Picture: SUPPLED
Picture: SUPPLED

A plan for teachers to re-register with the South African Council for Educators (SACE) has run into union opposition, with claims it would tamper with conditions of service, the organisation told parliament on Tuesday. 

SACE currently registers teachers on a once-off basis, effectively giving them a certificate for life. This means teachers who are struck off the register for misconduct maintain their certificates, and robs SACE of a means to ensure teachers maintain their professional development.

It also limits the value of its database as a planning tool, as it contains teachers who are no longer teaching.

SACE now wants to introduce a system that requires teachers to re-register every three years, linked to a requirement that they earn at least 150 ‘‘continuing professional teacher development’’ points during this period. SACE is proposing teachers get a one-year grace period, after which they will be suspended said its CEO Ella Mokgalane.

“It will be easy to certify the newly qualified. The challenge is with the bulk who see a bit of a threat,” she told parliament’s portfolio committee on basic education. “The unions are saying ‘You are tampering with our conditions of service.’ With more consultation, we will be able to bring them on board.”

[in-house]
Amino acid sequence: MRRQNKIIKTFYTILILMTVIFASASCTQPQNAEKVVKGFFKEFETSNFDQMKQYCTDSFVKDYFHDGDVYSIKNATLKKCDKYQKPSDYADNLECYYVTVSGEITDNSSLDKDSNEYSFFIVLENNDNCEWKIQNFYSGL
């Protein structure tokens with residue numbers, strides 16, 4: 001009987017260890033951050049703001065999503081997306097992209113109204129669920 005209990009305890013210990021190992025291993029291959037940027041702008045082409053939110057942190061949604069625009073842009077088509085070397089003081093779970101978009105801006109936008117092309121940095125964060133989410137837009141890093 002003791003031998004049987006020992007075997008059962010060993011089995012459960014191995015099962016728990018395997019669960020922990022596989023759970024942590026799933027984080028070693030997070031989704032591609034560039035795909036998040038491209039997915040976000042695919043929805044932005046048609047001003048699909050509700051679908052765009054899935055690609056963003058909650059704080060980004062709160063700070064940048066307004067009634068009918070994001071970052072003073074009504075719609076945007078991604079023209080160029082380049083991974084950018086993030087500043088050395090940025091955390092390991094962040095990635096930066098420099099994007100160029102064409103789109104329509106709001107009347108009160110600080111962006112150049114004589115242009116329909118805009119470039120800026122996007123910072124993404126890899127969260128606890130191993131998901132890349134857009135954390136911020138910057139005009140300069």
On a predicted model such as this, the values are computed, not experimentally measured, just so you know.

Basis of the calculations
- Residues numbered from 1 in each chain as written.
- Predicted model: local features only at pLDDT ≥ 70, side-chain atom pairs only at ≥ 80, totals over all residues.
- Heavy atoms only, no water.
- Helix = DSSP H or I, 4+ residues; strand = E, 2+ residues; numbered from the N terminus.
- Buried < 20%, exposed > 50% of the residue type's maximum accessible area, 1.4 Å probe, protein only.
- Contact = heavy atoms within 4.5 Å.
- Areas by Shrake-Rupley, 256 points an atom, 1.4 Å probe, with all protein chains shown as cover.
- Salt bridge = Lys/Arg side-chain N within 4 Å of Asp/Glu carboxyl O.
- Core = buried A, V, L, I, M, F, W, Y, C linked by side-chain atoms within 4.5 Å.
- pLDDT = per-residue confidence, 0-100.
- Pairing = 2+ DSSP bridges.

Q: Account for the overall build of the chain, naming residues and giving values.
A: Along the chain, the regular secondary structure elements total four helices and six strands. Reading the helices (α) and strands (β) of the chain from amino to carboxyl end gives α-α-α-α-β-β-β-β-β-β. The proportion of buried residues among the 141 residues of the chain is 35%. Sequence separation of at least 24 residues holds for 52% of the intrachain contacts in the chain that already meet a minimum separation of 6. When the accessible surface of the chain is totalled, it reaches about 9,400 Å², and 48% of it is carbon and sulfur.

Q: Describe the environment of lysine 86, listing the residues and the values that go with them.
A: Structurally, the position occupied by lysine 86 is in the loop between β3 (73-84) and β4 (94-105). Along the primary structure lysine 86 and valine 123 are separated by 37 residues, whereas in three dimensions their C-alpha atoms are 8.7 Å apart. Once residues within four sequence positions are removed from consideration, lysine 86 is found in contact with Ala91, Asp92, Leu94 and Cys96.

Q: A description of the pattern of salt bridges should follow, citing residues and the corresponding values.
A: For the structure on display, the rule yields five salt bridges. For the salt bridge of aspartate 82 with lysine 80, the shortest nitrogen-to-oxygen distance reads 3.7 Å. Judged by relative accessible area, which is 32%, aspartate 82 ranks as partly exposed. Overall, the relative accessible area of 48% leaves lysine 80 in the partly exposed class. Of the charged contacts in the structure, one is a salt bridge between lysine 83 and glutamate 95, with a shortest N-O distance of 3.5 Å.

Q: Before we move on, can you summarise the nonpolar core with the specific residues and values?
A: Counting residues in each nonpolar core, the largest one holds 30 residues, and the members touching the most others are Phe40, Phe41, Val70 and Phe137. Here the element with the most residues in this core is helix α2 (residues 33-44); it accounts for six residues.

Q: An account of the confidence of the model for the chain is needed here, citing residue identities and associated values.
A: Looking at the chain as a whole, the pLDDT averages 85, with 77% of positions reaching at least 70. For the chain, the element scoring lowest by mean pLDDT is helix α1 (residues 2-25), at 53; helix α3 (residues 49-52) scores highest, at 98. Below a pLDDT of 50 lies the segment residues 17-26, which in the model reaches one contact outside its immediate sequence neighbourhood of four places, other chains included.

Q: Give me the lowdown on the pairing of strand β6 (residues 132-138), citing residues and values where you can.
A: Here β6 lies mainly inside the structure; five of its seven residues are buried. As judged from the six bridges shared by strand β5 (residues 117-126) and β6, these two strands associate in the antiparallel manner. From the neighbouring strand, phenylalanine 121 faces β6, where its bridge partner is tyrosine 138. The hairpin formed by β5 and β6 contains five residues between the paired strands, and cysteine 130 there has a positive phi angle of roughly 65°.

Mokgalane made it clear that SACE could not implement teacher re-registration without the buy-in of unions. “We need to be sure we don’t de-stabilise the system. Until we agree within the profession on the issue of re-certification, we won’t move. Out of the consultation sessions we had, we are beginning to slowly settle some of the sticky issues,” she told MPs.

SACE’s target date for implementation is 2020, she said. From 2019, SACE will require police clearance to register newly qualified teachers, she said. “But we still need to settle what to do with teachers in the system. Our target date for that is 2020.” 

Mokgalane said SACE had identified 98 stakeholder groups, half of which had already been consulted. MPs also heard from the department of basic education’s Gerrit Coetzee, who briefed them on the Funza Lukasha teaching bursary scheme.

He said the scheme had seen a surge in applicants since former president Jacob Zuma’s announcement of free higher education last year, which took effect in January.

The bursary scheme’s capacity to select the right, aspirant teachers was evident in its throughput rate, Coetzee said. Analysis of the scheme between 2007 and 2012 found 81% of the students completed a four-year bachelor of education degree in four years. “It means our criteria for selection is contributing to a better calibre of student at university.”